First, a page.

Review: A Woman In Jerusalem
The family and other explosive concepts
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By A B Yehoshua
Halban Publishing, £8.99
A B Yehoshua once wrote that what made his generation of writers so dominant in Israeli literature was the balance they found "between the revealed and the hidden".
He and Amos Oz, in particular, were hugely influenced by Agnon, "the supreme artist of folding and hidden-away drawers". Nowhere is this clearer than in Yehoshua's novel, A Woman in Jerusalem, now out in paperback.
On the surface, it seems like a thriller. It begins with a body. A young woman has been killed by a suicide bomb in Jerusalem. A pay-slip links her to a company and a newspaper article attacks the company for not sending anyone to the morgue. Once an employee is dead, big business no longer cares. The manager of human resources is called in by the owner of the company and told to investigate. What he finds out about the woman - and himself - is the centre of the novel. His investigation becomes a personal obsession, taking over his life.
It is a sad book about lonely, decent people living in hard times
But hidden away between the lines of Yehoshua's quiet novel, something else is going on. Behind the mystery of the dead woman, there is another set of preoccupations which has nothing to do with a lonely Russian immigrant tragically killed by a bomb.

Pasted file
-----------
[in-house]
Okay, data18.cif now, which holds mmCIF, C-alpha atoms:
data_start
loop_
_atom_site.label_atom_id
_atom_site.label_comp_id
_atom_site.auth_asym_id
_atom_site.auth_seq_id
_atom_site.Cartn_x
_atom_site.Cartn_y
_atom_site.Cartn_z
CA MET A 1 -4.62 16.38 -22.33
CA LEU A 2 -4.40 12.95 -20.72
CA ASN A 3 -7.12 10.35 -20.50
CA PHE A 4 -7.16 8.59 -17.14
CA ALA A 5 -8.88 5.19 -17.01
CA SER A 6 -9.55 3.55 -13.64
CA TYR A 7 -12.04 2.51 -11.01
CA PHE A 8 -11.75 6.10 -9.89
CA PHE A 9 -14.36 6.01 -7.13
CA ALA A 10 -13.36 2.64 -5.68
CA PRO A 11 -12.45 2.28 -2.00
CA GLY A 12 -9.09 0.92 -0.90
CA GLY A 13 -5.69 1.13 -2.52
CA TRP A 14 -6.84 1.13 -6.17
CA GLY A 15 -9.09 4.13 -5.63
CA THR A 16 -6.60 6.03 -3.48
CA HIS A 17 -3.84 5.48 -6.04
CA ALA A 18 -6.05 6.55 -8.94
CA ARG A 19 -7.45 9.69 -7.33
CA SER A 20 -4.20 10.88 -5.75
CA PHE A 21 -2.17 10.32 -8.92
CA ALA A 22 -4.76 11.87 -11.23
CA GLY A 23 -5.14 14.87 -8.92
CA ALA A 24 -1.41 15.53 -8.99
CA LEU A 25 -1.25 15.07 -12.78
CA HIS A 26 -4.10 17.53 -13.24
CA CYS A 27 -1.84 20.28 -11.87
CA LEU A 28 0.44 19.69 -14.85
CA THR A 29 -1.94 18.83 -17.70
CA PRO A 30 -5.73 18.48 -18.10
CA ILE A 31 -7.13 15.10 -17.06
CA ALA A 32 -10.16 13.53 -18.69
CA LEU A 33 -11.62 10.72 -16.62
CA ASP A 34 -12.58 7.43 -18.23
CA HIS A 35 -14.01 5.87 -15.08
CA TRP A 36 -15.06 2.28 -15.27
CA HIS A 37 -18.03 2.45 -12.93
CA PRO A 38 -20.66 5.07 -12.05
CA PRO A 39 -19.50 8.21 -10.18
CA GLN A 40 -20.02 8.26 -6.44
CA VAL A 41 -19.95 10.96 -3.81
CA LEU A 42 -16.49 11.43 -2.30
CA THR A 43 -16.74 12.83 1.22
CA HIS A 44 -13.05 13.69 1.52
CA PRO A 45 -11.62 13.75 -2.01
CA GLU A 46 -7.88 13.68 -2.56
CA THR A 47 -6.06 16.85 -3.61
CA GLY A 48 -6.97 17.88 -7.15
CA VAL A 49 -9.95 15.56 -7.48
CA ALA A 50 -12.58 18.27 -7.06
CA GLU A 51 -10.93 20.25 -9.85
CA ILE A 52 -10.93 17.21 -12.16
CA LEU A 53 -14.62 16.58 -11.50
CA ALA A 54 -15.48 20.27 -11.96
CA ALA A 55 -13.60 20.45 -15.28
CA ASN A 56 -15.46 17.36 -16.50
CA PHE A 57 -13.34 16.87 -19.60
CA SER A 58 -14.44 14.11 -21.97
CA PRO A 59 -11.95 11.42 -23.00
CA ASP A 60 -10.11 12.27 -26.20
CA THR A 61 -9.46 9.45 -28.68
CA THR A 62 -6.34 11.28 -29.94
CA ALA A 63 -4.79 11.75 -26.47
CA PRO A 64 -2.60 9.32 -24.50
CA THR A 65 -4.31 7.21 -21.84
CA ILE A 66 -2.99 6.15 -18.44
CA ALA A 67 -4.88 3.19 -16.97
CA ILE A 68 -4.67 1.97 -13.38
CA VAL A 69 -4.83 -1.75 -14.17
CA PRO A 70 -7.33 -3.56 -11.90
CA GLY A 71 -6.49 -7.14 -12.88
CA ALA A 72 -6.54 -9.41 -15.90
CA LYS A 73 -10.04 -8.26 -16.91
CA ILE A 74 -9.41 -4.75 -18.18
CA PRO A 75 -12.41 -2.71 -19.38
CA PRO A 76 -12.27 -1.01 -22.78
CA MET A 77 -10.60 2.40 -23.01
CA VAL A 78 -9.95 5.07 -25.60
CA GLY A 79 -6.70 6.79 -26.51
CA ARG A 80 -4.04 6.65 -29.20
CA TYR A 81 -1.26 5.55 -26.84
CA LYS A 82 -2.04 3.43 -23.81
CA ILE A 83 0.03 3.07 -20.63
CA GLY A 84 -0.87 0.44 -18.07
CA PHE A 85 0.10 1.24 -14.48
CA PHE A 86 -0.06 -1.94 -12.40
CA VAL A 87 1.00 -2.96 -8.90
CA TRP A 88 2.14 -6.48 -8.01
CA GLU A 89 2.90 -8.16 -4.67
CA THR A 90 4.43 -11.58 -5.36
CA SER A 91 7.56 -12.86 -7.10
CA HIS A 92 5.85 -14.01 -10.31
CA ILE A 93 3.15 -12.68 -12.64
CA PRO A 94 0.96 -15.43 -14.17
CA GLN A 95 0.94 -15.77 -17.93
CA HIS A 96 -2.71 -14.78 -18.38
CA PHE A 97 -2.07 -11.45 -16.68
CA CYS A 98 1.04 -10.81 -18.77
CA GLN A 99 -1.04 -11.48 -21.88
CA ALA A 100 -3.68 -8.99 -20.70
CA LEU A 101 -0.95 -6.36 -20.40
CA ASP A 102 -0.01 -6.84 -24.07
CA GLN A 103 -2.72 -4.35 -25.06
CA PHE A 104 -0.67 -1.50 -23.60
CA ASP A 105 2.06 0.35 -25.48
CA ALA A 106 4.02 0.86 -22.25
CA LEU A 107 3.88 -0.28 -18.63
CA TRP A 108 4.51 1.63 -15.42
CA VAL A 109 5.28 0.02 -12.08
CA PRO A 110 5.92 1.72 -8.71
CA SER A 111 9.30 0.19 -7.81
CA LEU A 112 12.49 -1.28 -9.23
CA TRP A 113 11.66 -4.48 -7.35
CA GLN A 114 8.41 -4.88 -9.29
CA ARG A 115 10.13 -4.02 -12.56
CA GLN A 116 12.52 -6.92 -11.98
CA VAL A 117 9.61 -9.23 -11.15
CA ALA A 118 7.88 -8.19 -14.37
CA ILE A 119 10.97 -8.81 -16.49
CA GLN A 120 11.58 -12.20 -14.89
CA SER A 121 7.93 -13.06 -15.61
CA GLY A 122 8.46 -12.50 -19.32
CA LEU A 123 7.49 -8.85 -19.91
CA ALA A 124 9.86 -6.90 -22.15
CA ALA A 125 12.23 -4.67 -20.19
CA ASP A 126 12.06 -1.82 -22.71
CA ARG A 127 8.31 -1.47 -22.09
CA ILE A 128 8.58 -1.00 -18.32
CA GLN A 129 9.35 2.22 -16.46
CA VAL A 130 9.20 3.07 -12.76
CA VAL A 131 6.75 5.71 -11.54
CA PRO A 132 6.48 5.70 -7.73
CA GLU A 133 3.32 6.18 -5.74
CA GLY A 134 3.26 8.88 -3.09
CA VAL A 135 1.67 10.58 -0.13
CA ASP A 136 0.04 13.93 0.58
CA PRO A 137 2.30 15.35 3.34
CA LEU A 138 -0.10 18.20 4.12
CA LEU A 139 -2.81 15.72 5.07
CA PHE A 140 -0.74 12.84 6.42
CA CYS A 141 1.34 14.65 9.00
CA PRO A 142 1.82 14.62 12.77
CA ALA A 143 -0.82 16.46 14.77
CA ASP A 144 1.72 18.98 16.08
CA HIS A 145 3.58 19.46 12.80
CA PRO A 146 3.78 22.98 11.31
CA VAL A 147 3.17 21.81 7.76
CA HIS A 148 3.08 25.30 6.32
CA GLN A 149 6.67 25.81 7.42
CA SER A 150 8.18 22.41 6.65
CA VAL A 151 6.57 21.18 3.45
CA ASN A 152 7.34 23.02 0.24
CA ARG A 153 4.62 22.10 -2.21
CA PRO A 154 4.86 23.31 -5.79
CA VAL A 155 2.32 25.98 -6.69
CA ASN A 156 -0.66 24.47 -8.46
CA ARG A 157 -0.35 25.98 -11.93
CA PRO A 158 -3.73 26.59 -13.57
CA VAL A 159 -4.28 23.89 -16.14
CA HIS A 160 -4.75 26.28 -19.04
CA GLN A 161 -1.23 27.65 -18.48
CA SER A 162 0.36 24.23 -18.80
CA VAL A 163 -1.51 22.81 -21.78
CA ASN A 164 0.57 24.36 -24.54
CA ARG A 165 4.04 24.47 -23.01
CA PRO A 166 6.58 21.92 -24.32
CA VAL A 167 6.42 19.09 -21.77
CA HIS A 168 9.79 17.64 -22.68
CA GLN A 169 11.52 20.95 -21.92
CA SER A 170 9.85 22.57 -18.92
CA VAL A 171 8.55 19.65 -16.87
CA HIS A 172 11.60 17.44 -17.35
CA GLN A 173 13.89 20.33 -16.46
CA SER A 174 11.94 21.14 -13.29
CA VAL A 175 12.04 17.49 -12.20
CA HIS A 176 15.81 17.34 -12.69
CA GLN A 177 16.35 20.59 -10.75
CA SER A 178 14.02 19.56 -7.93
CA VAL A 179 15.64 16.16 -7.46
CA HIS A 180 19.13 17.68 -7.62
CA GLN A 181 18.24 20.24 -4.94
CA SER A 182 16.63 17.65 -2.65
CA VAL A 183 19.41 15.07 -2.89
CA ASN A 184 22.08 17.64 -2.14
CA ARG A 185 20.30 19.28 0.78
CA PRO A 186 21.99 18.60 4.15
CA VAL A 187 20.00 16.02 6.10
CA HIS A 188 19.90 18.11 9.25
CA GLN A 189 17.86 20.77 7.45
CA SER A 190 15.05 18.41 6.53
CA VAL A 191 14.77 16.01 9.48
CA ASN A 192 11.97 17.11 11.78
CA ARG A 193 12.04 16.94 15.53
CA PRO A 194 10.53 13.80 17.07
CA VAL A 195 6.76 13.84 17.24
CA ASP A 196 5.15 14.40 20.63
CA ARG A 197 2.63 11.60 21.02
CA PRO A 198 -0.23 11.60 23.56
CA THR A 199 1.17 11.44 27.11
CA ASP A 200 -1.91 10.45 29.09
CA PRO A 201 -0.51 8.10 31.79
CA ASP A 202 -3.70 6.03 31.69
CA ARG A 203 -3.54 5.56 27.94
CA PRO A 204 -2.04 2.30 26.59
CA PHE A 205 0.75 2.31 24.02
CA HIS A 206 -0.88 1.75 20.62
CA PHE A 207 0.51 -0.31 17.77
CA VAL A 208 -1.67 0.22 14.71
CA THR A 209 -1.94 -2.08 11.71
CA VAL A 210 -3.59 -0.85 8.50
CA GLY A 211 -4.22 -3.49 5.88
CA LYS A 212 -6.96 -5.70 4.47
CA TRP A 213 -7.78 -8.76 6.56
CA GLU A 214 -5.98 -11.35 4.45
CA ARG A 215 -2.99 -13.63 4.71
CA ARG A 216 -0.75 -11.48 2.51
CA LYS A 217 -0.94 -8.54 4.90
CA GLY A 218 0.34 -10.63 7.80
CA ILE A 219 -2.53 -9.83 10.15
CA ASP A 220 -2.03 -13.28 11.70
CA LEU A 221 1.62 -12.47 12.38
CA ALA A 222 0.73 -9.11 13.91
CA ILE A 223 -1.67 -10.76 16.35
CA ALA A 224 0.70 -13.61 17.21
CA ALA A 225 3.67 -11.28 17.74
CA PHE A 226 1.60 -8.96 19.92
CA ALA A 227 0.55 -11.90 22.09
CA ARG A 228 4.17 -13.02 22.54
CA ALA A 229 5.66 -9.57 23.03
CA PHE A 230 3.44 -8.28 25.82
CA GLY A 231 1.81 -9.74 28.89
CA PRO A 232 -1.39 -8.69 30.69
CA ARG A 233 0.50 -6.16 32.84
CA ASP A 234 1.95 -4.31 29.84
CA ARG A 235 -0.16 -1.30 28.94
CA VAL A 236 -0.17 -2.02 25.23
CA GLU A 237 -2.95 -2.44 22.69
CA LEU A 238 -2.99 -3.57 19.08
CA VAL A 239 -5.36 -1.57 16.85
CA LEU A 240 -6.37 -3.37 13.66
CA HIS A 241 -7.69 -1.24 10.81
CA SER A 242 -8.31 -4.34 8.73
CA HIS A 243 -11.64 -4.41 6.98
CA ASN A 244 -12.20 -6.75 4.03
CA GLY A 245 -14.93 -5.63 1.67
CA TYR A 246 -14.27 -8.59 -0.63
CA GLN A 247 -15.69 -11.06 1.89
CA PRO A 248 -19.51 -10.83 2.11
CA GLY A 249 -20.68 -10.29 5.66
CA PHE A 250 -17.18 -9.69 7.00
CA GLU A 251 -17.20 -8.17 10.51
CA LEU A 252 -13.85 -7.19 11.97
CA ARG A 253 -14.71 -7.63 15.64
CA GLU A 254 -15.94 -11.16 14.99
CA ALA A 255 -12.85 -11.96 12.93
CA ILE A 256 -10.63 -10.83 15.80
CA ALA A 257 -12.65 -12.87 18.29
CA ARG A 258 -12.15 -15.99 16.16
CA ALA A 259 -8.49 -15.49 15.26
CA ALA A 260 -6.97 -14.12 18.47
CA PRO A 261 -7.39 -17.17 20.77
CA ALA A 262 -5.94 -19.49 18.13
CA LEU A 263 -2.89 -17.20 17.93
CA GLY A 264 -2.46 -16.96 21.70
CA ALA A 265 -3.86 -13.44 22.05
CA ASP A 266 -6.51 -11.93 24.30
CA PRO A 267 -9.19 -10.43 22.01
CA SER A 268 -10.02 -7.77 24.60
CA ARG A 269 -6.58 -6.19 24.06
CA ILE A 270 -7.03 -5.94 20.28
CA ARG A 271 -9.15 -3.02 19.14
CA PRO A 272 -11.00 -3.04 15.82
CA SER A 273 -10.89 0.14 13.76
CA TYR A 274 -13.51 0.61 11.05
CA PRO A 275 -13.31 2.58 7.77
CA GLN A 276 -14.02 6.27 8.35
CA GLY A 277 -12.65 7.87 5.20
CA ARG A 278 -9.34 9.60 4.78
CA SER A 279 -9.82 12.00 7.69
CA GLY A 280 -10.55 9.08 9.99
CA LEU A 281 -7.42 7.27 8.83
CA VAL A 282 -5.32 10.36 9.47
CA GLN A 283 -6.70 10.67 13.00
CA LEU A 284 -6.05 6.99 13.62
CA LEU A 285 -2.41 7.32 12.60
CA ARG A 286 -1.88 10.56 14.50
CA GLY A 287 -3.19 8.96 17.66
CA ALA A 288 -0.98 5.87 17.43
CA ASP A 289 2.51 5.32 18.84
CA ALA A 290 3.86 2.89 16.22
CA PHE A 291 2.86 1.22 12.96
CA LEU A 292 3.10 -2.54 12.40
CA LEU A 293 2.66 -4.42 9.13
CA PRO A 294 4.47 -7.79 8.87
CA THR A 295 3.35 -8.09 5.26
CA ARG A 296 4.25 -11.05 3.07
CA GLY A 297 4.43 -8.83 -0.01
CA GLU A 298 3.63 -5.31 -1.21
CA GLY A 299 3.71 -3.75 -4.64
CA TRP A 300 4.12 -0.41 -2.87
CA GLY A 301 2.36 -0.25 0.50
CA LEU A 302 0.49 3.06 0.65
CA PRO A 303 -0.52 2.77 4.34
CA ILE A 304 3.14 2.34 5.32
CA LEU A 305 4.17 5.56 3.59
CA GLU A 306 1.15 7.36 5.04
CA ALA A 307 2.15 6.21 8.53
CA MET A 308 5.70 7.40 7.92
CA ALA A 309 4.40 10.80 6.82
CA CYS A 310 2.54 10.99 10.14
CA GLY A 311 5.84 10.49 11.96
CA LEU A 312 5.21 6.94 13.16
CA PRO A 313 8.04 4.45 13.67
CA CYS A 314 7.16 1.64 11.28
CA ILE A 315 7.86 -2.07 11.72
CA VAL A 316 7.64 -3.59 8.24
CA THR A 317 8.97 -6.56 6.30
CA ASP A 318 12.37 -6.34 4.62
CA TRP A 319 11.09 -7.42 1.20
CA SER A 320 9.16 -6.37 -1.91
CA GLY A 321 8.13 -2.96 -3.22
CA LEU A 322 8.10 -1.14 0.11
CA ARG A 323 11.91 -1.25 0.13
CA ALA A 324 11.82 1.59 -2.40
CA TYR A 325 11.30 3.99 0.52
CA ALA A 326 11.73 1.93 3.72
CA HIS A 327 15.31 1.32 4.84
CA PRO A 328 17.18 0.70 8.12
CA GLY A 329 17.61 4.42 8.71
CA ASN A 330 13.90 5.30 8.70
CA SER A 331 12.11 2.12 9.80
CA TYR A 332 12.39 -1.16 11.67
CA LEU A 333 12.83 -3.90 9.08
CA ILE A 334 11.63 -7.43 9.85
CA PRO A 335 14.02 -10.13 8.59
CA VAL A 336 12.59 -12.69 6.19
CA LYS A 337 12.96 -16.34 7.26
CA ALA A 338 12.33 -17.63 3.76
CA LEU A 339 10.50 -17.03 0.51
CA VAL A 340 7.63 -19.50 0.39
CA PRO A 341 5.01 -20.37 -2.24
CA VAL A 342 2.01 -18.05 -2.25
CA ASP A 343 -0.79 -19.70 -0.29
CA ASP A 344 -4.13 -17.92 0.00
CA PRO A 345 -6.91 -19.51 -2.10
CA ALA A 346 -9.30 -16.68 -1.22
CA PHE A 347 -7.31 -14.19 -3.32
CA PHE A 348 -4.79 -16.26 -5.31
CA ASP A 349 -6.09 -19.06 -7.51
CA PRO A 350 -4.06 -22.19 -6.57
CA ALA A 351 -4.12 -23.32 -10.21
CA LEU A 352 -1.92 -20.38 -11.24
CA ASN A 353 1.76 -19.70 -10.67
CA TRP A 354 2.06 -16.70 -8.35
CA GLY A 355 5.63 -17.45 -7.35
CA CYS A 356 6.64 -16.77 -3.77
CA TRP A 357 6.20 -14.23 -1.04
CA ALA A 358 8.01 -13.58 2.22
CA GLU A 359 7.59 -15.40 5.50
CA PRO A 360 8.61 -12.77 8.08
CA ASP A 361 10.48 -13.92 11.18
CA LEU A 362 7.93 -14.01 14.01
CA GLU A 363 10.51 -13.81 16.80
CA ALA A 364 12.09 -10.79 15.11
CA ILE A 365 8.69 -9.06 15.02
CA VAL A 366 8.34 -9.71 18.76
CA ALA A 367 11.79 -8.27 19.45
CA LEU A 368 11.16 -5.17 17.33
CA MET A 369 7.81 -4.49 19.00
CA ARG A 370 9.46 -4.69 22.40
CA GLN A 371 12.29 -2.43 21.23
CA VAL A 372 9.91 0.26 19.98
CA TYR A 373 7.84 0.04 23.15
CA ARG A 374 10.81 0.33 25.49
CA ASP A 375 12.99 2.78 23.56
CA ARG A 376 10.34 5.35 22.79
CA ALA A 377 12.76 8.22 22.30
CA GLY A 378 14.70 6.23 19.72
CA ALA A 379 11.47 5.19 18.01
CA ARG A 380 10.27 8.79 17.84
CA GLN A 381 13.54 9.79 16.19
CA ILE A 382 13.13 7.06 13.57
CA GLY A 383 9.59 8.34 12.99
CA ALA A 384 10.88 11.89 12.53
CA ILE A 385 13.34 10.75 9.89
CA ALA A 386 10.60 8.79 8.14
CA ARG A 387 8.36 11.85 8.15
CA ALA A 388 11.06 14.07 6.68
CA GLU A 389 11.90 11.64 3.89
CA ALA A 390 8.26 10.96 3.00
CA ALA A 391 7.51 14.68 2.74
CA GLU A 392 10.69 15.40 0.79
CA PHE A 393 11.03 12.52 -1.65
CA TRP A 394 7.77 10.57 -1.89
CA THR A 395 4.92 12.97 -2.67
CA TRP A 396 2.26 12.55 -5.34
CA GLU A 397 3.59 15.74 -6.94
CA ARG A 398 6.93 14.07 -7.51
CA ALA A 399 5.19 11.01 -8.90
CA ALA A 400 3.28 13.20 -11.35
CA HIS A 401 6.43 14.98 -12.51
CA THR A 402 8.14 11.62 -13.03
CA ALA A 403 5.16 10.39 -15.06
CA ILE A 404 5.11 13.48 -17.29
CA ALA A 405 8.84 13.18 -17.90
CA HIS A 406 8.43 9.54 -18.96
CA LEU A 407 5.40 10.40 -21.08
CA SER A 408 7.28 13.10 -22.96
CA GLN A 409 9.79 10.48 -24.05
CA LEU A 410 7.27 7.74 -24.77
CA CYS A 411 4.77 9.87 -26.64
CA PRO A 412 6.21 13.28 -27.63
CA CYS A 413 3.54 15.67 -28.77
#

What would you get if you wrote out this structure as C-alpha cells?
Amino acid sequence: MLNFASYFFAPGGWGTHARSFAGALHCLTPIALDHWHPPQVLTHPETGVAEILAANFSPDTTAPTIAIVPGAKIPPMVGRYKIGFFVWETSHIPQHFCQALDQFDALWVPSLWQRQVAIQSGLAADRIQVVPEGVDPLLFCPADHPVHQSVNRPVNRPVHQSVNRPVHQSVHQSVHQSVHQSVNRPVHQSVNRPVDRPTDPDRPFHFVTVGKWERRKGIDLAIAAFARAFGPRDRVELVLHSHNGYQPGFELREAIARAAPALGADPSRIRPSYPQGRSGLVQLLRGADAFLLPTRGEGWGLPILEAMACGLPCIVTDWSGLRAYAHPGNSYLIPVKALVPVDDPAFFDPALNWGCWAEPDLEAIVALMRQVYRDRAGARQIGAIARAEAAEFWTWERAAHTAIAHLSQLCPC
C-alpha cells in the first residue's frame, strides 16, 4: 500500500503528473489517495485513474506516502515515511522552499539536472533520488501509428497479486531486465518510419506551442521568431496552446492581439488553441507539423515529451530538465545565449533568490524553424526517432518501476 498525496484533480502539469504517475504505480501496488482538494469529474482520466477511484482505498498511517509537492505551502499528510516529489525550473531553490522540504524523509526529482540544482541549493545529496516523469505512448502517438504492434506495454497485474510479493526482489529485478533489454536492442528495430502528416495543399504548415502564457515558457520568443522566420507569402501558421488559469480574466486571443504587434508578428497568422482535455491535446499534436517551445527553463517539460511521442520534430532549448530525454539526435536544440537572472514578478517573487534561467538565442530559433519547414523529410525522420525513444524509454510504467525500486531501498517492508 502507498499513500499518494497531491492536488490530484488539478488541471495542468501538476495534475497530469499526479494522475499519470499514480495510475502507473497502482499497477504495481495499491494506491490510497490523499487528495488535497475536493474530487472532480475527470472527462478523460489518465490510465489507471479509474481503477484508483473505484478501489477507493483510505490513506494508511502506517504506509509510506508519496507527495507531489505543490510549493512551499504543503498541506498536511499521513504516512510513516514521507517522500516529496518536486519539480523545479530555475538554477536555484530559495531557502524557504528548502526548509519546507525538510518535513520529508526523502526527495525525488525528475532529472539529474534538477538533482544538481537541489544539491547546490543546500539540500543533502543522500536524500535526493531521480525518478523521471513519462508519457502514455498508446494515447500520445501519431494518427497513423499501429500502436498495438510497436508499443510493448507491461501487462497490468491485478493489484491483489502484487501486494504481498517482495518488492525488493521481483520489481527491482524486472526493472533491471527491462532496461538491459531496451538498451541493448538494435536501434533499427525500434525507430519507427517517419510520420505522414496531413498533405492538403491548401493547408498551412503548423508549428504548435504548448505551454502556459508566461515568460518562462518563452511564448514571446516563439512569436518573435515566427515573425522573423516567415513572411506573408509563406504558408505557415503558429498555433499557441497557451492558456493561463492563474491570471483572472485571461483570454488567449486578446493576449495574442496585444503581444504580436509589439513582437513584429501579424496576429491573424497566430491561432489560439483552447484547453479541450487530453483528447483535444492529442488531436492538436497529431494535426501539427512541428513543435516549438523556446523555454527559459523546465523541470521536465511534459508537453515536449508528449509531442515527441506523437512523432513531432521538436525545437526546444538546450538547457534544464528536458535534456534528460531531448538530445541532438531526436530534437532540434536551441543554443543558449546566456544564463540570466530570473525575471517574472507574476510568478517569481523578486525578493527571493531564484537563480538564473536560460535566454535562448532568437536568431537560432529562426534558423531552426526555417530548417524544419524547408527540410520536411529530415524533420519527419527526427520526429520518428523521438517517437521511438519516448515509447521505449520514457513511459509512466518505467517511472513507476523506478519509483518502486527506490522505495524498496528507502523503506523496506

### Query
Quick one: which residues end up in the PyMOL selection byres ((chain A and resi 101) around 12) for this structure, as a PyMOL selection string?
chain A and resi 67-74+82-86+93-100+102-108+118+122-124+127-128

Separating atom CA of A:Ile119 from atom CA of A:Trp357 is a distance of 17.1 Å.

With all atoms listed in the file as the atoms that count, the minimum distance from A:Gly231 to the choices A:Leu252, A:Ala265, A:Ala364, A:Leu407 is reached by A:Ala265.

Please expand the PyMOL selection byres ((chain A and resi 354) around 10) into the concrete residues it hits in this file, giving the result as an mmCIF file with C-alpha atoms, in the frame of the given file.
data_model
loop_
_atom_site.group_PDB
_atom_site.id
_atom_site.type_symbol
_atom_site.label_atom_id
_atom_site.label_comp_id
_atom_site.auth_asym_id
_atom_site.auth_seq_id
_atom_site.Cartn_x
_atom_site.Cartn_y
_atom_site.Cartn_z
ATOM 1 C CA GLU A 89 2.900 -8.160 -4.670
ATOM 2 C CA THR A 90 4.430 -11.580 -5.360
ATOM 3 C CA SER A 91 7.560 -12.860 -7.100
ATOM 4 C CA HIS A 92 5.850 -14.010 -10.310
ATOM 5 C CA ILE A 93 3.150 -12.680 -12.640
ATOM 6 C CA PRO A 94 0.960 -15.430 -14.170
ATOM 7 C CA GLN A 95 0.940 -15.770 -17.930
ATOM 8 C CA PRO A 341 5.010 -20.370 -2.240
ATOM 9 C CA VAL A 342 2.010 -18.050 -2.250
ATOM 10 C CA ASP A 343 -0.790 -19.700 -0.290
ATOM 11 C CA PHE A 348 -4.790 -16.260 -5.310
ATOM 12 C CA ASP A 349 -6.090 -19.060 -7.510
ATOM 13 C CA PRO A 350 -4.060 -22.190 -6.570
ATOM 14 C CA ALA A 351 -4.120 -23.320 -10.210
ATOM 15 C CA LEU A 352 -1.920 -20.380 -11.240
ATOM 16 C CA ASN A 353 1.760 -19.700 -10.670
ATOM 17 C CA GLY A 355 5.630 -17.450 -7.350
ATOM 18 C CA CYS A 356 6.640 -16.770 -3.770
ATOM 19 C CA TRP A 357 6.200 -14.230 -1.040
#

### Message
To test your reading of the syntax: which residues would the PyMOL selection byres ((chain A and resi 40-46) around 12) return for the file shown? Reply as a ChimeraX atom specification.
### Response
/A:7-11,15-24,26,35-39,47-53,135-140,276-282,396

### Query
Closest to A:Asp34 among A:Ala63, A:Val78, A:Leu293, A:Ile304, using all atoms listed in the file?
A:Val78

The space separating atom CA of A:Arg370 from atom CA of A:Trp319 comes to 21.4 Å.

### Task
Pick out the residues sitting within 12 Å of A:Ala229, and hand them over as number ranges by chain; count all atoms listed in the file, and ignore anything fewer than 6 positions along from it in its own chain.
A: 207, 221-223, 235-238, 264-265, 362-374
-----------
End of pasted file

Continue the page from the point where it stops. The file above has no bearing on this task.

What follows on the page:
First, there is an inquiry into one of Yehoshua's main preoccupations: the family. The manager of human resources (we never find out his name even though he is the central character) has only recently divorced and worries about his teenage daughter.The first thing he thinks about when he is called in by his boss is that he is due to collect her because his ex-wife is out of town. He in turn summons his secretary, who has to bring in her baby to work. The victim of the bomb is divorced and lives quite alone. Her teenage son lives back in central Asia. Everywhere, families are falling apart.
This, it seems, is part of the malaise of modern-day Israel. "Everything around is collapsing," says one character. But this is no jeremiad or polemic. There are calm, balanced references throughout to unemployment, army service and terrorism. The manager of human resources doesn't let his daughter take the bus because of fear of bombings. With great subtlety, a whole society and its concerns are brought to life.
The reader's eye is constantly caught by the telling detail between the lines. It is a sad book about lonely, decent people living through hard times. The two principal characters are those who try to do good. That's where their obsession leads them.
The real values that come to the surface in this deeply moral book are those of love and caring for each other in anxious and fragmented times. How we can live by these values is really the book's central concern.
David Herman is the JC's senior fiction reviewer